A Conservative MP stood in the House of Commons Monday and accused the prime minister of sabotaging the careers of rookie female ministers "for the sake of some re-tweets and trending hashtags."
In a statement that stretched close to 30 minutes covering an array of topics, Tory House Leader Candice Bergen questioned if Prime Minister Justin Trudeau put in much thought before placing new parliamentarians into to key cabinet positions.
These are young people with huge potential in the Liberal caucus, and they are being put in these positions just to benefit his cynical feminist brandCandice Bergen
"The fact that our self-proclaimed feminist prime minister has put a number of earnest, well-intentioned, but inexperienced young female ministers into senior roles where they become political roadkill," the Portage—Lisgar MP said.
"As a female politician myself, it angers me when I see what the prime minister has done with his cabinet and those with immense professional potential.
"These are young people with huge potential in the Liberal caucus, and they are being put in these positions just to benefit his cynical feminist brand."
Bergen made specific mention of Government House Leader Bardish Chagger, whose discussion paper on House rules, released in March, angered opposition MPs enough to filibuster committee meetings for six weeks.
Chagger had proposed to make sweeping changes that would limit the amount of time devoted to the debate and study of legislation, as well as the elimination of Friday sittings.
Though sold as an effort to modernize the House, the proposals were perceived by opposition MPs as a way for the Liberals to push forward their agenda and limit the powers of their colleagues.
"We are seeing some Liberal MPs being prematurely promoted into roles and responsibilities ahead of having the necessary experience to assume such weighty offices and then being asked to do the impossible for the prime minister," Bergen said. "Some would call this the 'glass cliff.'"
Chagger was forced to remove some of the more contentious items in her proposal for standing order changes.
Liberal MP: 'Roadkill I am not'
Bergen's statement prompted a brief exchange with Liberal Filomena Tassi, who defended herself against the Tory MP's characterization of how Trudeau treats female parliamentarians.
"I can assure the opposition House leader that roadkill I am not," Tassi said.
"I am very proud of our prime minister and the confidence he has shown in the women on this side of the House. It is a confidence and commitment that is long overdue."
Bergen responded, saying, "Nobody is talking about whether it is a good idea to put women in cabinet positions. We agree with that. However, we need to put the very best people in cabinet positions, and many times those very best people are women."
She reiterated her opinion the prime minister isn't offering some of his female ministers a path to success.
"It is clear the prime minister is putting them in front of him. He is okay sacrificing them so he can get the glory he wants," Bergen continued, choosing her words to serve as a sort of rallying cry.
"As women, we need to stand up to that kind of thing, telling him that is all show and not substance."
This current session of Parliament has seen rookie MP Maryam Monsef replaced as democratic institutions minister by another first-time parliamentarian, Karina Gould. At age 29, Gould is Canada's youngest ever female cabinet minister.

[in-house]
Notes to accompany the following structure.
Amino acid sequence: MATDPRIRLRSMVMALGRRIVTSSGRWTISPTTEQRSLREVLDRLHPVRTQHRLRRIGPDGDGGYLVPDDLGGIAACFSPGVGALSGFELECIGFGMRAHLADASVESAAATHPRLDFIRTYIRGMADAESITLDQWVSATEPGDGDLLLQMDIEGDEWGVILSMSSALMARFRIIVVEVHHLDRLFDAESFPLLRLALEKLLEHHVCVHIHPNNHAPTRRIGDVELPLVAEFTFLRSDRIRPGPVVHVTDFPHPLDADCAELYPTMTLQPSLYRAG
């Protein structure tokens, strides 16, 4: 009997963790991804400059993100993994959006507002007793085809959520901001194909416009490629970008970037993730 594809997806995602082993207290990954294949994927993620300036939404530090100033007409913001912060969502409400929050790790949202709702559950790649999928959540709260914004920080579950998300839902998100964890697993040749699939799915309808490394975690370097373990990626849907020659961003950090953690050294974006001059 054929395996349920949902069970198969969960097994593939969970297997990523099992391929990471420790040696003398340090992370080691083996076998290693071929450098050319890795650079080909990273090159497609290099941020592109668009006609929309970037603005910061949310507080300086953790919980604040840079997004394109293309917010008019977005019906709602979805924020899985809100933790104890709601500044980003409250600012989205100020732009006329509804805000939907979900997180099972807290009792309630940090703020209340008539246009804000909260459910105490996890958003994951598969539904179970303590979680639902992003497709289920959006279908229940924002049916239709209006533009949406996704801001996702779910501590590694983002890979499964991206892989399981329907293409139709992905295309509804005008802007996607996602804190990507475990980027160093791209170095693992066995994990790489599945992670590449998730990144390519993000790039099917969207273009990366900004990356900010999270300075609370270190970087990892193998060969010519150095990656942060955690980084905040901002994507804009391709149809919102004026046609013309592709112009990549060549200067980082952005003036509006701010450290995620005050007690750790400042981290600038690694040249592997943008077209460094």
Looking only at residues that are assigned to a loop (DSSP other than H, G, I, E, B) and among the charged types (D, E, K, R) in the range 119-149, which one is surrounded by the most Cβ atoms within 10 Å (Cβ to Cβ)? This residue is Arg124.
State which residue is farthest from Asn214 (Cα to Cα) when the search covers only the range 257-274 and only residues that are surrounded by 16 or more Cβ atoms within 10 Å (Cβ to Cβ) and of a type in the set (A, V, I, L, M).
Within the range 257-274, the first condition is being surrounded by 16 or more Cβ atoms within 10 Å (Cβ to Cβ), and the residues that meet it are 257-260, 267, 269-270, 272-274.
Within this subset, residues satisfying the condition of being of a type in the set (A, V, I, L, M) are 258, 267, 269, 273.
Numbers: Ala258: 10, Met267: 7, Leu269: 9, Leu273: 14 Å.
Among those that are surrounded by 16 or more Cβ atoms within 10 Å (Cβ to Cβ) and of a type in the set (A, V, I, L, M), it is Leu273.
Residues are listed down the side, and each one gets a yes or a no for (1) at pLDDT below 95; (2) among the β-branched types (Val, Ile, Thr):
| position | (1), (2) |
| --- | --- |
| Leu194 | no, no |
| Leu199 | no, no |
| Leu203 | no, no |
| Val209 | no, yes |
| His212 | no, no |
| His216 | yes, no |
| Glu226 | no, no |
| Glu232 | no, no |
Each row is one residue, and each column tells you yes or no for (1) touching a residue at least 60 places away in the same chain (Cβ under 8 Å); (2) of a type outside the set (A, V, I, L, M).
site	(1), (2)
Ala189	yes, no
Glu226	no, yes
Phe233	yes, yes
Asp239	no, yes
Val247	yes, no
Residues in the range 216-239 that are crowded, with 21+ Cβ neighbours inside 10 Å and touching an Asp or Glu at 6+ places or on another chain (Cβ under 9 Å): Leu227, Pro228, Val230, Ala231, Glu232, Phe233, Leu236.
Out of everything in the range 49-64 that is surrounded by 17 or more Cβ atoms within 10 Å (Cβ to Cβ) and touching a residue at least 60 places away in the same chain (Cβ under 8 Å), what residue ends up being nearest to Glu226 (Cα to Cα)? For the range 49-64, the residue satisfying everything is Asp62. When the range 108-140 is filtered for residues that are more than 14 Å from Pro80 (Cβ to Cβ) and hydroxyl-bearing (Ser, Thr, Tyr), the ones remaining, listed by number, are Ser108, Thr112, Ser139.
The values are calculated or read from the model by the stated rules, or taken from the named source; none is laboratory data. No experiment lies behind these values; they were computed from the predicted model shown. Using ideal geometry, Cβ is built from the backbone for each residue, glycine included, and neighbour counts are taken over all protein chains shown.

Chagger and Heritage Minister Mélanie Joly, both elected in 2015, are two other promising politicians who were catapulted into cabinet without years of experience. Joly ended up bearing the brunt of the government's botched nomination for official languages commissioner.
"Had they served under a prime minister less committed to gender parity, they might have been left to learn the ropes on the backbenches of the government," wrote Toronto Star national affairs columnist Chantal Hébert earlier this month.
Green Party Leader Elizabeth May expressed her own concerns about the prime minister's perceived lack of foresight earlier this year after Monsef was replaced by Gould after the government broke its promise on electoral reform.
"I am deeply ashamed that our feminist prime minister threw two young women cabinet ministers under the bus on a key election promise, that he left them twisting in the wind and not fulfilling," May said at the time.
Rankin wades in
NDP House Leader Murray Rankin addressed the issue after being asked about it during a press conference Wednesday.
"Well, leaving aside the gender, if I could, of the individuals," Rankin said, referring to an apparent pattern of promoting people to high levels of government with minimal experience.
I mean the debacle involving Madeleine Meilleur, you could have seen it coming.Murray Rankin
"One wonders whether these people have been set up for failure," he said. He used Joly as an example.
"I mean the debacle involving Madeleine Meilleur, you could have seen it coming."
Trudeau selected Meilleur, a former Ontario Liberal cabinet minister, to serve as the official languages watchdog. Opposition MPs argued Meilleur's partisan past, donations to the Liberal Party and Trudeau's leadership campaign, and ties to the prime minister's top advisers meant she could not be an objective officer of Parliament. Meilleur ended up taking herself out of the running for the role.
"You could have read the statute and figured out there was a legal problem, let alone the partisan nature of the appointment, yet she was the one sadly put up to do the impossible. To try to explain the unexplainable," Rankin said.
With files from Ryan MaloneySuggest a correction